The US Foreign Corrupt Practices Act (FCPA) and UK Bribery Act confer forum courts with extraterritorial reach – that is, the laws can catch businesses incorporated in countries other than the US and the UK – so long as there’s some connection with the jurisdiction.

So when working with third parties, companies must comply with anti-bribery and corruption frameworks to avoid detrimental reputational and legal consequences.

This means that companies must have processes in place for scoping, risk assessment due diligence and risk mitigation.

In 2013, 99 percent of all foreign bribery criminal prosecutions under the FCPA involved third parties.

Penalties under the wide-reaching FCPA and UK Bribery Act are severe.

Breaches of the FCPA may result in company fines of up to USD$2 million per violation of the Act. Penalties for individuals include up to USD$250,000 and/or sentences of up to five years’ imprisonment.

In 2013, Parker Drilling Company paid over USD$4 million to settle charges with the Securities and Exchange Commission for authorising improper payments totalling USD$1.25 million to a Nigerian agent who would later use the funds to bribe Nigerian officials.

Individuals that commit an offence under the UK Bribery Act may be subject to an unlimited fine and/or up to 10 years’ imprisonment.

GRC Solutions provides off-the-shelf and customised training in Anti-Bribery and Corruption across Australia and other jurisdictions.

Contact us today for more information.

Source: FCPA Blog

International Anti-Corruption Day: everybody has a role to play in tackling corruption

It blights lives, and blunts social and economic growth. And the efforts to stamp it out are enforced by some of the severest laws in the world.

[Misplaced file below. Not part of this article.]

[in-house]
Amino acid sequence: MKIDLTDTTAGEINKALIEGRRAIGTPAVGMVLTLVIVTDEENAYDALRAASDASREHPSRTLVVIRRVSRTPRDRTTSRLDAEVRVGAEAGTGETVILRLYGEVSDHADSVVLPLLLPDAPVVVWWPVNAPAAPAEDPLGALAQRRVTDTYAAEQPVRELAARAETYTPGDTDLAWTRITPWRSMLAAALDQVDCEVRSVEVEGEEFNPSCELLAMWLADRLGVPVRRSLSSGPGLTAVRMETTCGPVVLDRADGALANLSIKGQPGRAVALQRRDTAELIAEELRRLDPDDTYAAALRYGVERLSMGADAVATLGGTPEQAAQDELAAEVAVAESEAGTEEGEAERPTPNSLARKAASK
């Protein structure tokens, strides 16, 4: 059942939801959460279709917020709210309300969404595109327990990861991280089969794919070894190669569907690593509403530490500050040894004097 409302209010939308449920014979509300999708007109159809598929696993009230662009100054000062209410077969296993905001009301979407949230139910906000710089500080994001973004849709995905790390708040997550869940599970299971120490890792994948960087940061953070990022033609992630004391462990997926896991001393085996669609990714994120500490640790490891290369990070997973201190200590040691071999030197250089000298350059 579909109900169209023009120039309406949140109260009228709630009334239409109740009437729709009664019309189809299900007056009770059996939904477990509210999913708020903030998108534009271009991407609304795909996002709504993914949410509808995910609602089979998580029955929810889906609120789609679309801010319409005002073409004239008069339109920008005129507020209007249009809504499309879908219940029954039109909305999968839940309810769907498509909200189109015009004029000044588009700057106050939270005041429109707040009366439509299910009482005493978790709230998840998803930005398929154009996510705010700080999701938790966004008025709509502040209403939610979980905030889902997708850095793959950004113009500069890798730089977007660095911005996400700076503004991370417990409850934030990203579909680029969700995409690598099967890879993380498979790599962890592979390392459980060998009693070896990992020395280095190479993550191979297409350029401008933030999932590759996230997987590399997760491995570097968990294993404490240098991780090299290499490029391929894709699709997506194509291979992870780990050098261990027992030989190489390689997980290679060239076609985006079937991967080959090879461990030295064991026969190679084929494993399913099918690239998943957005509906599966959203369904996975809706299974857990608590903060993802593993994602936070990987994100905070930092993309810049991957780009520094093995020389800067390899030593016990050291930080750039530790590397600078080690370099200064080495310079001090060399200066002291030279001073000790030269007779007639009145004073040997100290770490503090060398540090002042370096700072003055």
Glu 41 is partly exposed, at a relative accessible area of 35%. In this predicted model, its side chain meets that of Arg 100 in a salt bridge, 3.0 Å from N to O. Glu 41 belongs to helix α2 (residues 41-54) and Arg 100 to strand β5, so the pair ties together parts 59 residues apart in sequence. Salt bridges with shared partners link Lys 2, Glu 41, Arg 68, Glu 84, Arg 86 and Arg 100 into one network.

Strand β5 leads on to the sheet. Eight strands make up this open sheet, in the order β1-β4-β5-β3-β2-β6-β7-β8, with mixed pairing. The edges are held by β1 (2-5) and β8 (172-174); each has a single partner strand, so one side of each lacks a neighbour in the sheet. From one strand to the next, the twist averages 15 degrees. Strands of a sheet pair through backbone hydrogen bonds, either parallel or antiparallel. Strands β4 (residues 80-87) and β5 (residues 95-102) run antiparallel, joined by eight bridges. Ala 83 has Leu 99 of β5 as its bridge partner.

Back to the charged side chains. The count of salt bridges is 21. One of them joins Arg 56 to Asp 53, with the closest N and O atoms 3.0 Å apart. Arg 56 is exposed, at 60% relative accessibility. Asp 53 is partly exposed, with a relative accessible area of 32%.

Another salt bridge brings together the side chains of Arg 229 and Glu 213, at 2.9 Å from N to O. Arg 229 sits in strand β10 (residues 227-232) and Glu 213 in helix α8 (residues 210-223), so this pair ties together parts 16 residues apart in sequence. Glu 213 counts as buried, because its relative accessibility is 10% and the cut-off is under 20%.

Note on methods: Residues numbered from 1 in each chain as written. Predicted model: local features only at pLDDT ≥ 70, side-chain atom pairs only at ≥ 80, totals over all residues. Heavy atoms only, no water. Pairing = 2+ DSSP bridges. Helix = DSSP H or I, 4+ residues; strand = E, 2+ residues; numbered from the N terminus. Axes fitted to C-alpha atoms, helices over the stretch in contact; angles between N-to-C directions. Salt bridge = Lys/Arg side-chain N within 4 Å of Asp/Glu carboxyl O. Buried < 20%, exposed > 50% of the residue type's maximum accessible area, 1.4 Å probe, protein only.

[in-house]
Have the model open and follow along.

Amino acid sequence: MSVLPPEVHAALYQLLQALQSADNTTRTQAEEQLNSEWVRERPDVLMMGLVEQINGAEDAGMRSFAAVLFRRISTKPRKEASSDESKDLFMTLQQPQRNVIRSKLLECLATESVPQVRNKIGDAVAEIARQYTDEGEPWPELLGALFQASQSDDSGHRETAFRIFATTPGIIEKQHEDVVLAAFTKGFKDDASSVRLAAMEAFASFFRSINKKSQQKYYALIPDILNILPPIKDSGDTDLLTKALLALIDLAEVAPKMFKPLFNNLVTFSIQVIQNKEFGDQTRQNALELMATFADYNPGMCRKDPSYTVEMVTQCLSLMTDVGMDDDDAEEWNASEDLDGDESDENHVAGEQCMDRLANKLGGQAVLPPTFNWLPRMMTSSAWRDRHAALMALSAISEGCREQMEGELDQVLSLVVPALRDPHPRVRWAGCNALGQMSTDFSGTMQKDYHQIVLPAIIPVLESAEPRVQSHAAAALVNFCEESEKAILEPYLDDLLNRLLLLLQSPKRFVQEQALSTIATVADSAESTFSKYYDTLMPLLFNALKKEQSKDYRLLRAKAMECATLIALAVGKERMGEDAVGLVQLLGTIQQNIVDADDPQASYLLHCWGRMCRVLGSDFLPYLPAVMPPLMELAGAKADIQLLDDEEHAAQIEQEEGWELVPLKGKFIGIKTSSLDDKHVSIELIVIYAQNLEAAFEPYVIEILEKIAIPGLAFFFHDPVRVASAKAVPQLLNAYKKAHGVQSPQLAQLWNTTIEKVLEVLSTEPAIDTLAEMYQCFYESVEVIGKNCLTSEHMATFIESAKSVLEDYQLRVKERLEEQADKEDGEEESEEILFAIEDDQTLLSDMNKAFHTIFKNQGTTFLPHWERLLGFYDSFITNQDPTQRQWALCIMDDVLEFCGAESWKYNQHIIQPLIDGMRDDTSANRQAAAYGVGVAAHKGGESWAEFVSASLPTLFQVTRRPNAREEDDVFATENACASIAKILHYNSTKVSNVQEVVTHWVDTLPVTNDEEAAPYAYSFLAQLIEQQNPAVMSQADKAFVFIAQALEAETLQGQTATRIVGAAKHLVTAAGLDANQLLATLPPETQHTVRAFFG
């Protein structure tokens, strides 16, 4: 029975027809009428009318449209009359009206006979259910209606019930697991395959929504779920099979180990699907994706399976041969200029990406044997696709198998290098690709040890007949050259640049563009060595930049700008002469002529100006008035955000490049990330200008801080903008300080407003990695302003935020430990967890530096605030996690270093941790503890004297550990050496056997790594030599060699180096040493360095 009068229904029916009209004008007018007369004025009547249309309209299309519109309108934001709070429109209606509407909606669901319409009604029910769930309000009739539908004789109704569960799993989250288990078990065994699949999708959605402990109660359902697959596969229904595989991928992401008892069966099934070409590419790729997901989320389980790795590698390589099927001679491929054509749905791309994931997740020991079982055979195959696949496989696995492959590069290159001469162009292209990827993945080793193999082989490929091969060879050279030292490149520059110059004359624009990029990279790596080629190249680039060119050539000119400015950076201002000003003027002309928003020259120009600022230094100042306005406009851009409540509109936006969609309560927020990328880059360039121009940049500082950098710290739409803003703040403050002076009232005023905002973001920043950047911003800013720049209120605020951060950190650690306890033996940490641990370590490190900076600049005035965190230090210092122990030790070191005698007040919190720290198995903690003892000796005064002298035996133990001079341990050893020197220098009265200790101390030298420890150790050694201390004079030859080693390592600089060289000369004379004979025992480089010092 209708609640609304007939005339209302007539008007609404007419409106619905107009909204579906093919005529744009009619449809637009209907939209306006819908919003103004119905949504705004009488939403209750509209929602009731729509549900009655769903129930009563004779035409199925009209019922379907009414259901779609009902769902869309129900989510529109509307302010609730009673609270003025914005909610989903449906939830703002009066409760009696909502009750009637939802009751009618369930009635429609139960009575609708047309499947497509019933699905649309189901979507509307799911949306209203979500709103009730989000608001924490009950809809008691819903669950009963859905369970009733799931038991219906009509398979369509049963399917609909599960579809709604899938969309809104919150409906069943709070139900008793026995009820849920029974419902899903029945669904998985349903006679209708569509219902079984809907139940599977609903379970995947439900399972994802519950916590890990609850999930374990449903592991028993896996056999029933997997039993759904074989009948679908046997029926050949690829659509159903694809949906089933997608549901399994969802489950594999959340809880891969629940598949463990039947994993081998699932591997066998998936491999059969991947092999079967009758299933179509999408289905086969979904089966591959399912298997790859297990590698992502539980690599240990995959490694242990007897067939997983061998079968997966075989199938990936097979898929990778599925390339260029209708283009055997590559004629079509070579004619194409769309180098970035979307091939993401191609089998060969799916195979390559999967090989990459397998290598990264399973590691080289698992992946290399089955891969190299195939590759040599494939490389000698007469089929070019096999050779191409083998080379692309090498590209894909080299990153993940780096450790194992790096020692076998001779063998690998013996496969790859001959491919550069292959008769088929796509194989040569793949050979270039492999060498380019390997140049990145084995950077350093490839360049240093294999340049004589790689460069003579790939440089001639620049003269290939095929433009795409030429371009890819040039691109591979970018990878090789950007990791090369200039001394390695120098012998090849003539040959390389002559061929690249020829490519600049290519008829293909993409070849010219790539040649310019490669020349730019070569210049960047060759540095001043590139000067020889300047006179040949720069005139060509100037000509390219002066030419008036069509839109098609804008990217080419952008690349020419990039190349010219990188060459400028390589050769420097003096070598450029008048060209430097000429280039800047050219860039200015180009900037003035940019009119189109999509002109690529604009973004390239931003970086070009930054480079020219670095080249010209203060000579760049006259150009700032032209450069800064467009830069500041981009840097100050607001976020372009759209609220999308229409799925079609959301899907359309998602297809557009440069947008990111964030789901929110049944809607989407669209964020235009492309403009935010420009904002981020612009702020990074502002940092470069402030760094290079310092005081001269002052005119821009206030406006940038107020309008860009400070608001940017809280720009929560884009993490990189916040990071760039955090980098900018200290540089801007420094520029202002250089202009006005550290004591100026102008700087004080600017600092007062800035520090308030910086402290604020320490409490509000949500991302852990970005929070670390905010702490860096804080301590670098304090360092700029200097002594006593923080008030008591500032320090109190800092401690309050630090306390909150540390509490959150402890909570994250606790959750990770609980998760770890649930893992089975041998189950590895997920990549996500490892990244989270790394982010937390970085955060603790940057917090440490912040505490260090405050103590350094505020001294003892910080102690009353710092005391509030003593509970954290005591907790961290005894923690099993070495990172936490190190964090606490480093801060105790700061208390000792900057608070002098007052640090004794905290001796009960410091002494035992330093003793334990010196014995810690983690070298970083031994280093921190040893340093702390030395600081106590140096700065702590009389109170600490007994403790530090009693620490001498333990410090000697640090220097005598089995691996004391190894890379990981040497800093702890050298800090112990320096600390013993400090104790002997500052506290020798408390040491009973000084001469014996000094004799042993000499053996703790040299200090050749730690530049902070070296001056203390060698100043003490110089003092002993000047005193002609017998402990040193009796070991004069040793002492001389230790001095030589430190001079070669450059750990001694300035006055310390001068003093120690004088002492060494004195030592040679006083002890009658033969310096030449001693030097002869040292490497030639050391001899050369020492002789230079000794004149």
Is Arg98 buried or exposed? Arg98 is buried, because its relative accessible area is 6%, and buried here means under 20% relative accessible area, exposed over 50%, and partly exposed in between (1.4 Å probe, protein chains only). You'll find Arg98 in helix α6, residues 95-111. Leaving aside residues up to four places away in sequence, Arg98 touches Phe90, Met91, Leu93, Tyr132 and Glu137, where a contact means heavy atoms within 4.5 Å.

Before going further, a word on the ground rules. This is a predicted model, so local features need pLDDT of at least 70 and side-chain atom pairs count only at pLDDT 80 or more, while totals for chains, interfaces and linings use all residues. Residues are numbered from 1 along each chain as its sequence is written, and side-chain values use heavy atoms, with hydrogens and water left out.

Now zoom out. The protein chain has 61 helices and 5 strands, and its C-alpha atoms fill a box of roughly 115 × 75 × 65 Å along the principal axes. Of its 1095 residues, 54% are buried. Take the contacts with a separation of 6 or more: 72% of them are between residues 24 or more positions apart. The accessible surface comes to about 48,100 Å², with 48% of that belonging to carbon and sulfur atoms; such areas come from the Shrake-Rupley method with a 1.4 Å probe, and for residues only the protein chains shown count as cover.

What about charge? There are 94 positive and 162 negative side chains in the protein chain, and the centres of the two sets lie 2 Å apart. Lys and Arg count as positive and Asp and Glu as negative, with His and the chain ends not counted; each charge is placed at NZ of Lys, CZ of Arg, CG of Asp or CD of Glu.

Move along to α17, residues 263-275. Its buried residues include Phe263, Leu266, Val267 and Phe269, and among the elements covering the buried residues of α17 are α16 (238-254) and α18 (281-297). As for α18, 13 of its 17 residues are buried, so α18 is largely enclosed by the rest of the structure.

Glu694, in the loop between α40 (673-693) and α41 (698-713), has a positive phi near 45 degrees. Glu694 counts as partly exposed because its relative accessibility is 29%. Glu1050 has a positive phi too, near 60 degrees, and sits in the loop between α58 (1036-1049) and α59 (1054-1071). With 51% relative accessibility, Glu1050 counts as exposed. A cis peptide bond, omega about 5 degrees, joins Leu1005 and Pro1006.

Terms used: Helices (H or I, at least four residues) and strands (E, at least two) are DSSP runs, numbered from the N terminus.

Corruption is the broad term we use to describe dishonest conduct or the abuse of power by a person for personal gain. Arguably the best-known form of corruption is bribery.

Every year, the costs of corruption are said to amount to USD$2.6 trillion globally, with an estimated $1 trillion paid in bribes. One estimate indicates that private sector corruption alone accounts for US$515 billion annually.

December 9 is International Anti-Corruption Day, a United Nations initiative designed to raise awareness about the risks and consequences of corruption. Sponsored by the UN Office on Drugs and Crime (UNODC) and the UN Development Program, it attracts widespread engagement and support internationally.

To mark last year’s campaign, UN Secretary-General Ban-Ki Moon said, “To dismantle corruption’s high walls, I urge every nation to ratify and implement the UN Convention against Corruption.”

“Its ground breaking measures in the areas of prevention, criminalisation, international cooperation and asset recovery have made important inroads, but there is much more to do.”